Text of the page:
In 1994, Pakistan’s first female Prime Minister, Benazir Bhutto, established women-only police stations in Islamabad, Rawalpindi, Abbottabad, Peshawar, Lahore, Multan, Karachi and Larkana. The National Police Bureau set up the Womens Police Network in 2012, in which ten police organisations work together to promote women’s leadership in the police force. Women desks were set up in police stations, particularly in Khyber Pakhtunkhwa, where only female officers deal with women sexually abused or raped. 

However, there is still a lack of police women. The local government in Sindh province set a target in 2017 for 1,500 more police women.

National Police Bureau statistics (2017) on women in the police sector, according to region:

● Islamabad: 278 police women, ( 2.8%) 

● Punjab: 2, 804 police women, (1.8%) 

● Sindh: 1,498 police women, (1.5%) 

● Azad Kashmir: 129 police women, (1.6%) 

● Khyber Pakhtunkhwa (KPK): 683 police women, (1%) 

In the last few years, the role women in security play in Pakistani society and abroad has gained national and international traction. In accordance with UN peacekeeping targets in 2017, Pakistan increased female deployment in UN Peacekeeping missions to 15%.

 Some notable examples of women in security include: 

● Helena Saeed: first woman to join as an Assistant Patrol Officer, worked in the Police Department for 27 years, first woman to be promoted to Additional Inspector General in 2016 

● Suhai Talpur: Assistant Superintendent rewarded with a promotion, after she led a successful operation against militants attacking the Chinese consulate in Karachi in 2018

 ● Shahzadi Gulfam: Deputy Superintendent and first Pakistani woman deployed in UN Missions, won the 2011 International Female Peacekeeper Award for her work in Timor Leste

● General Nigar Johar: third major General in Pakistan history, promoted in 2017

● Sonia Shamroz Khan: first police woman to be promoted as principal of police training school in Khyber Pakhtunkhwa, in 2019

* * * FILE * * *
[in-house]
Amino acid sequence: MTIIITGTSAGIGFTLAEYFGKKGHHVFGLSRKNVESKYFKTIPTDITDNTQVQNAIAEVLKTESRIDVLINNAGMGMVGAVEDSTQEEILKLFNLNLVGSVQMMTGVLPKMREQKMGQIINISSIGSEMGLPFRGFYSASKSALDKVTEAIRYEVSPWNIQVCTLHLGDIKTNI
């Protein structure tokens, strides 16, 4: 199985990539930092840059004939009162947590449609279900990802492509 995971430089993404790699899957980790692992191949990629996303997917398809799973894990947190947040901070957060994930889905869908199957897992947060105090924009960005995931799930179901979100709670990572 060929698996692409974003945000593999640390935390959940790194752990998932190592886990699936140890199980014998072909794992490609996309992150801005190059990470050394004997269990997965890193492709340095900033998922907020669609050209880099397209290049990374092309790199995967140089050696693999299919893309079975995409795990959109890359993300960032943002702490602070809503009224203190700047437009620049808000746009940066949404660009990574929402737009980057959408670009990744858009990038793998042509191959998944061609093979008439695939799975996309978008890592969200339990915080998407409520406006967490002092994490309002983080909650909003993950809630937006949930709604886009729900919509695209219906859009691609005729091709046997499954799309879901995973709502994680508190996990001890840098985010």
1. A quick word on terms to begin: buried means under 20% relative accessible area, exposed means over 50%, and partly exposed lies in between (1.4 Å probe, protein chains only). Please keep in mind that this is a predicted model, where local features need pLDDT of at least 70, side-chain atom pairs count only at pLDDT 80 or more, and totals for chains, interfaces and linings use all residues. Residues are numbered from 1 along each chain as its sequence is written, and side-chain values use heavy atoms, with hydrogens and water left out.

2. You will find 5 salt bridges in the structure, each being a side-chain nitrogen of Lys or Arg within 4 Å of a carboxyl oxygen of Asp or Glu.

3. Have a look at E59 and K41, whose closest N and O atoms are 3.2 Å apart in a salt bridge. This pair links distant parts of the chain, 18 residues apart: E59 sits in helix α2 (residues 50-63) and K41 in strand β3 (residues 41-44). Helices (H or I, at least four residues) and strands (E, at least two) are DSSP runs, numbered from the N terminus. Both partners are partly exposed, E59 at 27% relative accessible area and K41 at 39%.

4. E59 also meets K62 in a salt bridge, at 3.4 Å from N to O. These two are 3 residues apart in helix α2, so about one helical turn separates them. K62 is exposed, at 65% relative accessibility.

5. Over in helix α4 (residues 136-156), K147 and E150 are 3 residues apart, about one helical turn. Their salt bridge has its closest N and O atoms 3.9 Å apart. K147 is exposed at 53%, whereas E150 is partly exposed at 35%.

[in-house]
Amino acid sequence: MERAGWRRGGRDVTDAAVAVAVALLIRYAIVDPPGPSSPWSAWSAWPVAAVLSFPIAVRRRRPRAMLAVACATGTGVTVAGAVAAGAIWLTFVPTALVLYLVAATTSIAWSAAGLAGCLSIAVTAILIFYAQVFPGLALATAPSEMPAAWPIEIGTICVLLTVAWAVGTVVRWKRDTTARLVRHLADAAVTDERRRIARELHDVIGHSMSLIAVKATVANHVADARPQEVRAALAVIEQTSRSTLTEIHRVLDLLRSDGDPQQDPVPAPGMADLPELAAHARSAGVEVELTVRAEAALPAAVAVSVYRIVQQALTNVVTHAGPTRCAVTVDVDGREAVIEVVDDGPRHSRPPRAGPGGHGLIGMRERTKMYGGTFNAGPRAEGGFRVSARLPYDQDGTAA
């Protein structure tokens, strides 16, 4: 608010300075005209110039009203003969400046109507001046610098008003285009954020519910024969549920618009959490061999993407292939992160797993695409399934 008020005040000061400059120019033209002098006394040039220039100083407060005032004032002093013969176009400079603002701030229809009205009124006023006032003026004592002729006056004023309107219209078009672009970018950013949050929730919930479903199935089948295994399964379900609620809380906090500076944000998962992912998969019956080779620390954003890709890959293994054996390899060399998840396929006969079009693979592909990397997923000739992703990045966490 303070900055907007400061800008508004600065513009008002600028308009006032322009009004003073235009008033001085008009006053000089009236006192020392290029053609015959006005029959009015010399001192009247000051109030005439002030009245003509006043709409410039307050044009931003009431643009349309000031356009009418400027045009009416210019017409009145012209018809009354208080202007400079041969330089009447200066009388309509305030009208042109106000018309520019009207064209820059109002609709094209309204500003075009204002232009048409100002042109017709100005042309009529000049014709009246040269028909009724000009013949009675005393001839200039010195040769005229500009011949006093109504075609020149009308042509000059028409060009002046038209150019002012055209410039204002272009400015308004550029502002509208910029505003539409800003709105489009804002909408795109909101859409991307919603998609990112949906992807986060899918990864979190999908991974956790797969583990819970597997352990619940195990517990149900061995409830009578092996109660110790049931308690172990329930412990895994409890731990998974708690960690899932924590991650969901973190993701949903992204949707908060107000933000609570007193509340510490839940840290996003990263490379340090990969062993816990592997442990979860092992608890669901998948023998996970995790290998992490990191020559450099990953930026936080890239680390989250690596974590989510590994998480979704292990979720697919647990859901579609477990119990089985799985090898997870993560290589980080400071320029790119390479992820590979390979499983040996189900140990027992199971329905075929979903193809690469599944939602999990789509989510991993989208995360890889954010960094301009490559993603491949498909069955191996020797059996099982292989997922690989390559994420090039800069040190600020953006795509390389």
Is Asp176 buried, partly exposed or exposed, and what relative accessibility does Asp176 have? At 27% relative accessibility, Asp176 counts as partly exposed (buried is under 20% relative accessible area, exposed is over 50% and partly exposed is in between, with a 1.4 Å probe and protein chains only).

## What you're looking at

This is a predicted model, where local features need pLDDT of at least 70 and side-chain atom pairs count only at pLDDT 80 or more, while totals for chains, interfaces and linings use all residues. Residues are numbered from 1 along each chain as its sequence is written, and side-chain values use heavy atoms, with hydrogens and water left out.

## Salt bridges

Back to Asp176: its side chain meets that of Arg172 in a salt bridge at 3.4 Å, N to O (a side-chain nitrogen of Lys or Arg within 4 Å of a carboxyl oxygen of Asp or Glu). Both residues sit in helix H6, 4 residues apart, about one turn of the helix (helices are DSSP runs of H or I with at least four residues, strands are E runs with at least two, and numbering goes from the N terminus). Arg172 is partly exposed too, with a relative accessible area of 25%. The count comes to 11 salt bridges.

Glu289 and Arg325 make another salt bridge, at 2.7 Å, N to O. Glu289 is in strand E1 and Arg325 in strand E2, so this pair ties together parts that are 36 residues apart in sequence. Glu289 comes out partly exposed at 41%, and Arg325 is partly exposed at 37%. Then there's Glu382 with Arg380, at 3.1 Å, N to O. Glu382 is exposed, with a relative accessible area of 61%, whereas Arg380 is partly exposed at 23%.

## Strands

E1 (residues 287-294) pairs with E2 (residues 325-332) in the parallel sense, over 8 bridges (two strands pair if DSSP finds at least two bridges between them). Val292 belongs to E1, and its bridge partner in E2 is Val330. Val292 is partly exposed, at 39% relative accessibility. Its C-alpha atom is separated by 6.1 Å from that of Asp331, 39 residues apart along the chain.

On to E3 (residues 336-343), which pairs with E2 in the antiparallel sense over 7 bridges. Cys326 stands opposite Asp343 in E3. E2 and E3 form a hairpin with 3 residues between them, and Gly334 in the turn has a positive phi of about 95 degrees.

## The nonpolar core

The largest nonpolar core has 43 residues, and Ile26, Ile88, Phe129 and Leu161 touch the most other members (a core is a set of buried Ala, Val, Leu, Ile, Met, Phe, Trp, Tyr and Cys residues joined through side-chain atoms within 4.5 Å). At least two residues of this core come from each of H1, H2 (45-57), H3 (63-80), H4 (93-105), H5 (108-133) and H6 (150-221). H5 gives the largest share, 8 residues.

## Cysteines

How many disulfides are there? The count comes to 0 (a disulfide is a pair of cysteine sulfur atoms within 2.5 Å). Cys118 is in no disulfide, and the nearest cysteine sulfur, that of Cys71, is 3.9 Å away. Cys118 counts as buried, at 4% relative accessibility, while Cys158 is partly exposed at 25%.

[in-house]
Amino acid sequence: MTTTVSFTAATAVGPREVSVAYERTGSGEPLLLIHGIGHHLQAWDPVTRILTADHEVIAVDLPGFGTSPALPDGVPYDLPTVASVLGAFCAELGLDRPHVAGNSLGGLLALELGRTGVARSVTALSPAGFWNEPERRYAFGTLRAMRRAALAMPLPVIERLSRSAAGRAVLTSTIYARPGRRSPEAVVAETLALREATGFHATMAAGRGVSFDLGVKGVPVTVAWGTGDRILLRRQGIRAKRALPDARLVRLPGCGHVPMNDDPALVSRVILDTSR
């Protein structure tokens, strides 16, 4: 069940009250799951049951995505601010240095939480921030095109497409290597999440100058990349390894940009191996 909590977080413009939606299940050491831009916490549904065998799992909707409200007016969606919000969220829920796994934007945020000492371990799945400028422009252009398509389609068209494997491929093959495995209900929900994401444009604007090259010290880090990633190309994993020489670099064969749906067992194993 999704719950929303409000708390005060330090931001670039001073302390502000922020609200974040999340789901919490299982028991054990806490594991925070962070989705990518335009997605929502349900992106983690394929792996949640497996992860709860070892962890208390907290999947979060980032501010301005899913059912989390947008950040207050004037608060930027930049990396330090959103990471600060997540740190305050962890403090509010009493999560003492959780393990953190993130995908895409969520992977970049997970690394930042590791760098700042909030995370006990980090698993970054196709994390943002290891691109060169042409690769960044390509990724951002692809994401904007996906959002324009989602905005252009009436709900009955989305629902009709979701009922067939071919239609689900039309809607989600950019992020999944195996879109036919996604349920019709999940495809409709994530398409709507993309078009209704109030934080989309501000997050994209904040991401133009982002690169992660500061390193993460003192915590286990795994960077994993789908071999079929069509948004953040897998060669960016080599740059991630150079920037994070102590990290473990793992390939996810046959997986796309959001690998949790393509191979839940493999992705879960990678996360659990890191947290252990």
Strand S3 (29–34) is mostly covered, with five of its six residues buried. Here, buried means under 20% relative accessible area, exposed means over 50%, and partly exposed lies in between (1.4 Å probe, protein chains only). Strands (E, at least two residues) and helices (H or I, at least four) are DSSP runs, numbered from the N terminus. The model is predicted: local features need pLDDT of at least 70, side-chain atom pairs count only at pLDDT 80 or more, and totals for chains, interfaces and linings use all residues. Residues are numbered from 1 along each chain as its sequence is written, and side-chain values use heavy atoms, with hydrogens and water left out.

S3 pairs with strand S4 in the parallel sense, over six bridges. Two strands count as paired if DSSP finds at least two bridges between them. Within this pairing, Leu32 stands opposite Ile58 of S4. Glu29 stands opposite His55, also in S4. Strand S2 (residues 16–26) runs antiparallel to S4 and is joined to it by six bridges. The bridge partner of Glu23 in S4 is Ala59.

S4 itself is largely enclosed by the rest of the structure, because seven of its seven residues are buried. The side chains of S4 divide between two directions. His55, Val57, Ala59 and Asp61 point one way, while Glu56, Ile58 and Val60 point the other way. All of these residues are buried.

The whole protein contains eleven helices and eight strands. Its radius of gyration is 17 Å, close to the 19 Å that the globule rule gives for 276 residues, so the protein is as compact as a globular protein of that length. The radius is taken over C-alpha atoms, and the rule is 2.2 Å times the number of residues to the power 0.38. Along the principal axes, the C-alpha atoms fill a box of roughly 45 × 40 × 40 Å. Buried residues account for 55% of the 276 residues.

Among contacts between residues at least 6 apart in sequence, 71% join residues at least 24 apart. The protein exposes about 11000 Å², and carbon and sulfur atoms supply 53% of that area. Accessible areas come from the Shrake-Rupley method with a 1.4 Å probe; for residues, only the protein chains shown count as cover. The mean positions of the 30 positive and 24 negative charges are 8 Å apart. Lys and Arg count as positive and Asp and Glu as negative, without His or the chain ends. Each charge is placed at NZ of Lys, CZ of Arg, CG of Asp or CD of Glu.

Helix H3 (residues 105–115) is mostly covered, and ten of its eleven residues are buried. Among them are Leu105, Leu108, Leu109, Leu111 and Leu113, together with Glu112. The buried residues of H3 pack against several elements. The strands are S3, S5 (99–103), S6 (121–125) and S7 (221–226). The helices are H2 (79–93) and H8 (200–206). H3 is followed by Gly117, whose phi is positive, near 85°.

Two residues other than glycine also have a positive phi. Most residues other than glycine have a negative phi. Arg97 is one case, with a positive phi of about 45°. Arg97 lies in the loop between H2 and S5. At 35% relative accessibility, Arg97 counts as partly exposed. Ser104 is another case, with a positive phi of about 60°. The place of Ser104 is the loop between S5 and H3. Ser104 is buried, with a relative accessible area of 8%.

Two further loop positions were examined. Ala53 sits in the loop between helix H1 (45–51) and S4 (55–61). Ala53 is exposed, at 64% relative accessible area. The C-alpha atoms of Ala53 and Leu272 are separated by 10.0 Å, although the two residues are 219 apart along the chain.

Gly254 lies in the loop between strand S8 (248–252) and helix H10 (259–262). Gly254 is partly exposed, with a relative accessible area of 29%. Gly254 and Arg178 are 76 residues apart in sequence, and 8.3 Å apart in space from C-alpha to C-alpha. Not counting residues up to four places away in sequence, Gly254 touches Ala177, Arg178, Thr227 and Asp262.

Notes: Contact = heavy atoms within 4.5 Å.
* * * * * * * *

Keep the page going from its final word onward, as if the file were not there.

● UN Peacekeepers: first Pakistani female team to receive recognition by the UN for their efforts in the Democratic Republic of Congo, in 2020 

However, women face cultural and hierarchical opposition to working in the security sector, in spite of Pakistan’s National Action Plan for UNSCR 1325, to increase women’s participation in peacebuilding and security. 

Many women interested in becoming police officers face opposition primarily from their families. Women are perceived as too weak, not respectable enough to adhere to, and temperamentally unfit to fulfill the role of a police officer. The working environment for security women mirrors the honour-based society. Those who command a high rank are respected amongst their peers, families and general public, whereas lower-ranking police women can be harassed and disregarded by male colleagues and families. 

Yet in spite of the hostile environment security women face, many desire to serve as frontline personnel. 

“This is not an easy job. But being a good police officer requires you to be courageous, tolerant and have the strength to withstand pressure. It’s not a position which is gender specific but personality specific,” stated Assistant Sub-Inspector Sameena Sarwar. 

“Women have to step up and join every field. We are 52%. How can we not?” 


[1] Britannica, Pakistan ttps:// 

[2] 'Blaming the Victim for Sexual Violence in Pakistan'

[3] 'Rape Allegations Against Pakistan’s Police'

[4] 'Double Jeopardy:Police Abuse of Women in Pakistan'

[5] 'World Bank Statistics: Armed Forces Personnel' 


[7] 'Islamabad meets UN Peacekeeping benchmark of 15% female deployment' 

[8] 'KP Police training school gets first woman principal' 

[9] 'Sindh government increases female quota from 2% to 5%' pc